Earlier this week, rumors began circulating that the premium cable network removed the two-part documentary series that detailed the sexual abuse allegations against Michael Jackson. A number of outlets reported Leaving Neverland was initially scheduled to air throughout the spring and summer months; however, many pointed out that HBO's official website had only one TV listing for the documentary, leading many to falsely believe HBO had pulled the plug.
"That report is untrue. Leaving Neverland is available on HBO through April 16th and then will continue to be available on HBO NOW and HBO GO," HBO told Complex. "It is now the second most watched [documentary] on HBO in 10 years having reached 7.5 million people for Part 1."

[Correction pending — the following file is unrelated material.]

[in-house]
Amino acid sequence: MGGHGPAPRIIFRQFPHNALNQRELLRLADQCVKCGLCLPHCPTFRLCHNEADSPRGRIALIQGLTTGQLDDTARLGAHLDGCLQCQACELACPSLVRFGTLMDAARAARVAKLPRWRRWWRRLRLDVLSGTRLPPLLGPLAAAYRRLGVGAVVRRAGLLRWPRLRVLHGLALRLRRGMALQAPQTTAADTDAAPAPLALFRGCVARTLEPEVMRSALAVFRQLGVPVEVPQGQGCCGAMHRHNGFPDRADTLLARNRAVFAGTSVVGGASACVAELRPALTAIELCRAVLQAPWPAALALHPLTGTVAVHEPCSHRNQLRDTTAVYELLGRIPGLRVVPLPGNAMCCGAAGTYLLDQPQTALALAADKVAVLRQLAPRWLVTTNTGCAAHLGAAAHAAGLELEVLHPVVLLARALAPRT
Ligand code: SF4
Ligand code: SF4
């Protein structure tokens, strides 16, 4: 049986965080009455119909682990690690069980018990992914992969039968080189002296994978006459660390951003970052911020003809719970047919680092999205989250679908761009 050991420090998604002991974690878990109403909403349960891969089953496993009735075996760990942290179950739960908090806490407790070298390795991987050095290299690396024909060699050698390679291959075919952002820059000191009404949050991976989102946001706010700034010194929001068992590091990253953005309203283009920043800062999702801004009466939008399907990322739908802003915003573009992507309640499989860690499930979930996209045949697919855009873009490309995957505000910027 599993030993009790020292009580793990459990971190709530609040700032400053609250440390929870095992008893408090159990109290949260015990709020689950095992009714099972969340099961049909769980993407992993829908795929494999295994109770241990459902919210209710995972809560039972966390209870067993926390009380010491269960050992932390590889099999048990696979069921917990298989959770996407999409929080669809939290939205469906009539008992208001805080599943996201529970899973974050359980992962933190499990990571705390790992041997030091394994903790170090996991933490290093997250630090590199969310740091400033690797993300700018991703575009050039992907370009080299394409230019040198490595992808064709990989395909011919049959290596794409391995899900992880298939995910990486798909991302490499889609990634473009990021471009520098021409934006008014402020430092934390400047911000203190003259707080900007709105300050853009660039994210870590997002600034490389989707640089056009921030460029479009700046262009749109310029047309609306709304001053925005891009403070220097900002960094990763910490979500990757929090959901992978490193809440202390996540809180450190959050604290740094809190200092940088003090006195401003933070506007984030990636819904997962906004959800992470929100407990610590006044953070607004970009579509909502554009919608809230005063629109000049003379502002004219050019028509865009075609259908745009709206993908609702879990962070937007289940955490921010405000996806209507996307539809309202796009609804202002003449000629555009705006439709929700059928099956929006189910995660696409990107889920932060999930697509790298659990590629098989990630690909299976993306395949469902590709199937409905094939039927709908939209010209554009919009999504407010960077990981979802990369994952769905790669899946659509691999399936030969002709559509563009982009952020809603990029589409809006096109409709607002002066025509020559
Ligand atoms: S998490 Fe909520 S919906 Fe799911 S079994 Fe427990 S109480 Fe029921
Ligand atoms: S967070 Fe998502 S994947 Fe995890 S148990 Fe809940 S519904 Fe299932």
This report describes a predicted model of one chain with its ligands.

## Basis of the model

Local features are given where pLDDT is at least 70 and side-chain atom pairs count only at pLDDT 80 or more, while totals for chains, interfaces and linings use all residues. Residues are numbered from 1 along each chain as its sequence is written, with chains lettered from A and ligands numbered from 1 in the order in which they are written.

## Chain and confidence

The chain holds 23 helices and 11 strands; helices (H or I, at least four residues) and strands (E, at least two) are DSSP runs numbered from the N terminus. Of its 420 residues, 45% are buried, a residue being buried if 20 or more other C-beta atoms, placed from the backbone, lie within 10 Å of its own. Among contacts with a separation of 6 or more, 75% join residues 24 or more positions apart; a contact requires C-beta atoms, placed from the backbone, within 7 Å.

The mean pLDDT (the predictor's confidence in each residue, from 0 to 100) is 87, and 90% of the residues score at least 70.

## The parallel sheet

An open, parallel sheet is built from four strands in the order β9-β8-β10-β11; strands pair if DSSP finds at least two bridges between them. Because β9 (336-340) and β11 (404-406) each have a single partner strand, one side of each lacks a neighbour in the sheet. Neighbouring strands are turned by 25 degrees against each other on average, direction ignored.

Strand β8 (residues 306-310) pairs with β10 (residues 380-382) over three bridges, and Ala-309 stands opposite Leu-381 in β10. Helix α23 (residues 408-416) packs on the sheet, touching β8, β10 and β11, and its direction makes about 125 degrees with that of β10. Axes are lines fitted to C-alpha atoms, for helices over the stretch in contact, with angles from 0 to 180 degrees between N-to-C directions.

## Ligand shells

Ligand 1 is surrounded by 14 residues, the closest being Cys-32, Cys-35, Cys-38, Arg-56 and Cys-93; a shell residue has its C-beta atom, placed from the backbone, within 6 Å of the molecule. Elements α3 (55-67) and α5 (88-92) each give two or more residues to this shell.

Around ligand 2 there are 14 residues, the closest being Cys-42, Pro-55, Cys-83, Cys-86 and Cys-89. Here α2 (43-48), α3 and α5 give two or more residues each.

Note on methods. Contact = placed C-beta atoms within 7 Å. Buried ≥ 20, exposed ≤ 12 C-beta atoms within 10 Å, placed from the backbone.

About a month after Leaving Neverland premiered on HBO, Jackson biographer Mike Smallcombe reported a discrepancy in the film. Smallcombe pointed to the account of James Safechuck, who claims he was molested by Jackson between 1988 and 1992. Safechuck said one of the alleged incidents took place in a room above Neverland's train station—a claim Smallcombe has deemed impossible. The biographer has provided photographic evidence that proves construction of the train station didn't begin until 1993 and did not open until 1994.
"Suddenly the end of Safechuck’s abuse was when he was 16/17 rather than 14," Smallcombe wrote in a subsequent tweet. "It’s a three year discrepancy. Just hold your hands up, don’t change the story. This is what happens when you don’t investigate properly."